Glycerol stocks of bacterial strains were streaked on LB agar and grown overnight at 37 °C. Single colonies were then picked and cultured overnight in CAMHB at 37 °C, then diluted ∼40-fold and grown to OD600 = 0.4–0.6. Cultures were centrifuged at 14[thin space (1/6-em)]000 rpm and broth decanted. The pellets were suspended in HBSS, centrifuged, and the liquid decanted. The pellets were re-suspended in 200–500 μL HBSS spiked with the appropriate probe (50–100 μM) and CCCP (10 μM), then incubated at 37 °C for 30–45 min. The cultures were spun down, decanted, and washed with HBSS, then nucleic acid staining was carried out using Hoescht 33[thin space (1/6-em)]342 (5 μg mL−1) or Syto-9 (10 μM) for 20 min. Following washing, membrane labelling was carried out using FM4-64FX (5 μg mL−1) for 5 min on ice. After centrifuging and decanting, the final pellet was washed then resuspended in 50 μL of HBSS. 2 μL of this suspension was spread onto a cover slip then dried, then mounted onto a microscope slide using Vectashield mounting medium (13 μL), and the edges sealed using clear nail polish. Alternatively, the washed pellets were suspended in 15 μL Cygel and mounted onto slides.

Conclusions

We have prepared fluorescent derivatives of the fluoroquinolone antibiotic ciprofloxacin as a potentially more sensitive tool to track antibiotic penetration and accumulation. Our preliminary studies have shown that the probes could readily be used to study efflux and drug accumulation of the fluoroquinolones, though microscopy indicates considerable heterogeneity between individual cells. The increased size of the probes and characteristics of the fluorophore do result in modified activity and variations in sensitivity (compared to the parent antibiotic) depending on bacterial strain, so they must be applied judiciously following determination of the MIC value against the bacterial strain of interest. Future experiments will explore in greater detail probe localisation, heterogeneity in uptake seen between cells, the synergy of efflux with membrane permeability, and changes in uptake following other types of efflux pump inhibition, such as with an acrAB-defective strain of E. coli (i.e. AG100A). In addition to their utility in studies investigating antibiotic localisation, bacterial penetration and mode of action, these probes could find utility in screening assays to find and evaluate efflux pump inhibitors (EPIs) that could be used as therapeutic adjuvant to overcome fluoroquinolone resistance.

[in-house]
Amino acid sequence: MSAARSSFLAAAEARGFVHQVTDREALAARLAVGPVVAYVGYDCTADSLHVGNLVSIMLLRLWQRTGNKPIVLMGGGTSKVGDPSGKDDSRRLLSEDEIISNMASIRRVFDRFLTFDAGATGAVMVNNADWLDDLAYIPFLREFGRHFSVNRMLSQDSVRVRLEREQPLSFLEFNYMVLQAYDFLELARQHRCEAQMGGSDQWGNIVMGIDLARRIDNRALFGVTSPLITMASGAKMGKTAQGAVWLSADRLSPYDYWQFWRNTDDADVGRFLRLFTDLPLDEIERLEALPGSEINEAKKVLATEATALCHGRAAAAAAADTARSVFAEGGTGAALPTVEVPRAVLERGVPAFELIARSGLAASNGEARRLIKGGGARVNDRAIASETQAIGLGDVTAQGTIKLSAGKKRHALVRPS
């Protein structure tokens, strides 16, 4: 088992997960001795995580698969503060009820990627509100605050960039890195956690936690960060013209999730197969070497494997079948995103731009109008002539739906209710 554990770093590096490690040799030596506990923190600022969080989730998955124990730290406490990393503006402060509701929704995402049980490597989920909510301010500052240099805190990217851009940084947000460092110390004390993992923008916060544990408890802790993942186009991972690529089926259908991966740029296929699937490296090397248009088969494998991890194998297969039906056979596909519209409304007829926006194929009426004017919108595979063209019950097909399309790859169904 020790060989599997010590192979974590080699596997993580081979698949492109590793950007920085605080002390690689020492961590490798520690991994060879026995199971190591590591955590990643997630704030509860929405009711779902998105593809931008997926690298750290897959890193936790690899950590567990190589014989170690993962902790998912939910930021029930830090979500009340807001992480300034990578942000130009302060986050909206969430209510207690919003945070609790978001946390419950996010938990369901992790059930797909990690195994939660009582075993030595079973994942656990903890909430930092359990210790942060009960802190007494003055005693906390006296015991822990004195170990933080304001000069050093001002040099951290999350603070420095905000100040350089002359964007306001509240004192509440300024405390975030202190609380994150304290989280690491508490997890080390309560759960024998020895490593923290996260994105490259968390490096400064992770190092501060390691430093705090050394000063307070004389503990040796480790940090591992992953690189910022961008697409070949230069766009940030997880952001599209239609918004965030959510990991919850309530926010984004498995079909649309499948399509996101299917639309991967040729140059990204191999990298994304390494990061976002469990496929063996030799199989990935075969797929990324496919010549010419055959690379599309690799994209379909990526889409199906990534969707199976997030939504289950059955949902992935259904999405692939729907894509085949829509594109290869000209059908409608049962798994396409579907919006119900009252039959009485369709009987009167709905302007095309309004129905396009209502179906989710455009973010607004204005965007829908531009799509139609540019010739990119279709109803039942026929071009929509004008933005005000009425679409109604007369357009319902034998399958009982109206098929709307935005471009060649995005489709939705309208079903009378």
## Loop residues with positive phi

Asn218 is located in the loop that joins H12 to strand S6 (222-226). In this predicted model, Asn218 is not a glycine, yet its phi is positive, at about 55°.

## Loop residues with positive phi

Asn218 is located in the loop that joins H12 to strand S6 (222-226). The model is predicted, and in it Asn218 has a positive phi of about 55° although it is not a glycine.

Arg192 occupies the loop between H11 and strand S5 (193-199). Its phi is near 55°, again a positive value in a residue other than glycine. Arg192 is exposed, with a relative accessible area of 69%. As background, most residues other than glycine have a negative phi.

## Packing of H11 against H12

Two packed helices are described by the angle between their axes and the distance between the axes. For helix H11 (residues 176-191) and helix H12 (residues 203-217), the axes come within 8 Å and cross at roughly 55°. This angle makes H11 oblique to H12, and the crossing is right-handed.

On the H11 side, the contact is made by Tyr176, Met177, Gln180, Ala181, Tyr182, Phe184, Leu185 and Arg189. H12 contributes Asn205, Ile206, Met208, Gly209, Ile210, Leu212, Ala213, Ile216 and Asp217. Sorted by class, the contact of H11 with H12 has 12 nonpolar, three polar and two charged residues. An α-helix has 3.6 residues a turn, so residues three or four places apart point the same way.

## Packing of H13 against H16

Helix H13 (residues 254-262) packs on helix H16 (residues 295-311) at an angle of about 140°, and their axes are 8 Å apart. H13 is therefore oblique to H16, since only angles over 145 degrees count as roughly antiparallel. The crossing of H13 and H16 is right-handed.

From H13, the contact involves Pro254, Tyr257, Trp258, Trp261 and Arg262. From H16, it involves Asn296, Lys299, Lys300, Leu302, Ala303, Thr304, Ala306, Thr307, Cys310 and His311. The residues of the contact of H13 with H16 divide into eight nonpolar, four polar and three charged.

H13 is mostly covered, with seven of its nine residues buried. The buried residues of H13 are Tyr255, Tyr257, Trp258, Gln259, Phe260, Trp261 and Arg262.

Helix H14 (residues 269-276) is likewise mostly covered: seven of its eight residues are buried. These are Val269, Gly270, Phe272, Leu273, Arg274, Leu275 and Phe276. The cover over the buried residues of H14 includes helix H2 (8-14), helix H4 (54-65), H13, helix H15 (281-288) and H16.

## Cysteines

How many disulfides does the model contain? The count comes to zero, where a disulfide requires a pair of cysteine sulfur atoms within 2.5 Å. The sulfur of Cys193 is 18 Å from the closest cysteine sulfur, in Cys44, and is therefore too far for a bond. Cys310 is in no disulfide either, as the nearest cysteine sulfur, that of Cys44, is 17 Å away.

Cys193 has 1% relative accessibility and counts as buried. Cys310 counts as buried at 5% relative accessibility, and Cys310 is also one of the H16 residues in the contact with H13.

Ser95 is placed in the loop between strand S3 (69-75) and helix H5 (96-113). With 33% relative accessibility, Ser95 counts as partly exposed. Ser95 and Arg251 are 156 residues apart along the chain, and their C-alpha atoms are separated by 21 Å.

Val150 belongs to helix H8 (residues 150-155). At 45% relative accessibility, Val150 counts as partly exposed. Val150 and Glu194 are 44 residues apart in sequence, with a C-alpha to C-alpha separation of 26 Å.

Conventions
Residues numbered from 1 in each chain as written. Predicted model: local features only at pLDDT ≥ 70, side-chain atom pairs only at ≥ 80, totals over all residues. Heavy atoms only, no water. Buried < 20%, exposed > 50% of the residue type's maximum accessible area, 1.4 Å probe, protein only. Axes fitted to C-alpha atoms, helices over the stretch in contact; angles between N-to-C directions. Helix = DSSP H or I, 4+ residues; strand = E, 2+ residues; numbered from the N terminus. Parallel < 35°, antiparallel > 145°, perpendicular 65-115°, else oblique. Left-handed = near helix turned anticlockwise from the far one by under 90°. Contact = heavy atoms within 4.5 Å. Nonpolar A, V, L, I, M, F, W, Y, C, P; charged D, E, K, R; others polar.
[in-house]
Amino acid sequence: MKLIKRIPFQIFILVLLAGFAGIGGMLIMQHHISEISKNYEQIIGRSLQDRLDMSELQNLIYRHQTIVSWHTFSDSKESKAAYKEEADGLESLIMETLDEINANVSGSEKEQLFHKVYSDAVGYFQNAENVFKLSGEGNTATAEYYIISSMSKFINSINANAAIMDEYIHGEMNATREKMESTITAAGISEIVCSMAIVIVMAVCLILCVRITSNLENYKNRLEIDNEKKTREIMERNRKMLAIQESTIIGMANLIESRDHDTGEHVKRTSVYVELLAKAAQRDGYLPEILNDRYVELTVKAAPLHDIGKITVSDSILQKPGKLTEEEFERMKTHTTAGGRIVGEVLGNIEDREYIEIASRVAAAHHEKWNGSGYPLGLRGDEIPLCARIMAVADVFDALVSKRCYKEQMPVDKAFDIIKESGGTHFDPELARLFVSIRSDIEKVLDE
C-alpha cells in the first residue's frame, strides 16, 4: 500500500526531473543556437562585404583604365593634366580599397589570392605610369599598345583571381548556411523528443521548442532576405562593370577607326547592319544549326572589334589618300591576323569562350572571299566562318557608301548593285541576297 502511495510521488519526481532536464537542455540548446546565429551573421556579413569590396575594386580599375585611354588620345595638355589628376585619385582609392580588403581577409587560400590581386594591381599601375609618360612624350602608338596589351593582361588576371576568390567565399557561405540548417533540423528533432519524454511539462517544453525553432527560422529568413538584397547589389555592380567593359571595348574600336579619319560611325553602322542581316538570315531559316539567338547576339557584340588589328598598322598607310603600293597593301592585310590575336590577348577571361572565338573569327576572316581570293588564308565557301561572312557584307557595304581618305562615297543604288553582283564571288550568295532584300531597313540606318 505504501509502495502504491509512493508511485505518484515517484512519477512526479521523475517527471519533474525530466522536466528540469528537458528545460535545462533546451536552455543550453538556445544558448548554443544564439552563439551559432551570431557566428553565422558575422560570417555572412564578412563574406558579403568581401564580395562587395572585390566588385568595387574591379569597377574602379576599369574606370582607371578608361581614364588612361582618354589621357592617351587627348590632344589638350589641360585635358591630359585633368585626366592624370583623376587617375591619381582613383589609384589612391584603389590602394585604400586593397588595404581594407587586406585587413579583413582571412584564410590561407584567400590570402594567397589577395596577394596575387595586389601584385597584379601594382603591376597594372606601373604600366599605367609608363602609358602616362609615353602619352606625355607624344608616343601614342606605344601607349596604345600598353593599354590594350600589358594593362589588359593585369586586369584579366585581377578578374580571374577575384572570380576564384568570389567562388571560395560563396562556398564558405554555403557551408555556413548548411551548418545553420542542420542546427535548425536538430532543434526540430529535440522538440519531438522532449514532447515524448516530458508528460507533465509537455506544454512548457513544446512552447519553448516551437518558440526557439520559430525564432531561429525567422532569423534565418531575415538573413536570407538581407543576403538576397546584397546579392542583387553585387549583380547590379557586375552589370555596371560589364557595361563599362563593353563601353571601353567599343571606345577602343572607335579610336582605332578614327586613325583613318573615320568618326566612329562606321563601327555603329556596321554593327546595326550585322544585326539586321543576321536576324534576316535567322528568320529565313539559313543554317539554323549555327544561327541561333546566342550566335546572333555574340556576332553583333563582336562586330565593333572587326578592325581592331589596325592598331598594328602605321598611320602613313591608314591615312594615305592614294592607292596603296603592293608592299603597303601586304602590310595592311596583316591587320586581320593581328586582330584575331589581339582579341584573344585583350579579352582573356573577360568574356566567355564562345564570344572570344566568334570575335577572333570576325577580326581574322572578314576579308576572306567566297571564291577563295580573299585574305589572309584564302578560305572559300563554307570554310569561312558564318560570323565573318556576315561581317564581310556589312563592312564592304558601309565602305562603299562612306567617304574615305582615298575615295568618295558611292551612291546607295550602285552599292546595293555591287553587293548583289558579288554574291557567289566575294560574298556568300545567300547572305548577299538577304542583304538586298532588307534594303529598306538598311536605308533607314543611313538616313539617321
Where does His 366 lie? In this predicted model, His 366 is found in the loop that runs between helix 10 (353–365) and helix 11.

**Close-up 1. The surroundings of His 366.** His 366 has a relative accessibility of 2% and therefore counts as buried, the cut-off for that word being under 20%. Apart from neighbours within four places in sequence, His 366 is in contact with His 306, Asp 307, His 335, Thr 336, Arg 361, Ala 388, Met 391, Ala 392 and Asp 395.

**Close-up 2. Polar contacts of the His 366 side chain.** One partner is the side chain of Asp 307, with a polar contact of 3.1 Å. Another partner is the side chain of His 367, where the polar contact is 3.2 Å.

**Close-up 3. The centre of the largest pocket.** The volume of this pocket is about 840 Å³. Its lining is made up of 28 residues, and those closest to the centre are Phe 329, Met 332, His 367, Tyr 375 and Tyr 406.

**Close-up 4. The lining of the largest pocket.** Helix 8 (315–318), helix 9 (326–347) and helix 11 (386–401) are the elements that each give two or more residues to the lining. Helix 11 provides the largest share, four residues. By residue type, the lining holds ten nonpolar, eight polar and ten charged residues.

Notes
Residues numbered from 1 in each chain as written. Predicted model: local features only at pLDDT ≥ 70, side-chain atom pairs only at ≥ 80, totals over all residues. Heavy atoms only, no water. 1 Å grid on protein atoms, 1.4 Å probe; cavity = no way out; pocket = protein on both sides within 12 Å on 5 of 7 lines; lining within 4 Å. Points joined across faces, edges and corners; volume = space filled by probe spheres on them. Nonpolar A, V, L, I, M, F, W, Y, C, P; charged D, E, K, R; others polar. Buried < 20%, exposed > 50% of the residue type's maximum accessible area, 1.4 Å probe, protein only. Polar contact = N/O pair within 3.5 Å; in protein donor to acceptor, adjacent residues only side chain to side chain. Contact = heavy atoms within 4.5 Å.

Conflicts of interest

There are no conflicts to declare.

Acknowledgements

We thank Maite Amado for assistance in microbiological assays. MRLS is supported by an Australian Postgraduate Award (APA) PhD scholarship and an IMB Research Advancement Award. MM was supported by Campus France the Programme Hubert Curien FASIC 2018 (No 41621QL). WP was supported by a UQ International Scholarship (UQI) and IMB Postgraduate Award (IMBPA). MAC is a NHMRC Principle Research Fellow (APP1059354) and also holds a fractional professorial research fellow appointment at the University of Queensland, with his remaining time as CEO of Inflazome Ltd, a company developing drugs to address clinical unmet needs in inflammatory disease. MATB is supported in part by Wellcome Trust Strategic Grant WT1104797/Z/14/Z and NHMRC Development grant APP1113719. Microscopy was performed at the Australian Cancer Research Foundation (ACRF)/Institute for Molecular Bioscience Cancer Biology Imaging Facility, which was established with the support of the ACRF. The mutant tolC, lpxC and DC2 E. coli strains MB4902, MB5746, MB5747 were generously supplied by Merck Sharp & Dohme (Kenilworth, NJ).32 P. aeruginosa wild type strain PAO1, and the isogenic multiple Mex pump mutant, PAO750 (Δ(mexAB-oprM), Δ(mexCD-oprJ), Δ(mexEF-oprN), Δ(mexJK), Δ(mexXY), ΔopmH, ΔpscC), were a gift from Herbert Schweizer at Colorado State University.31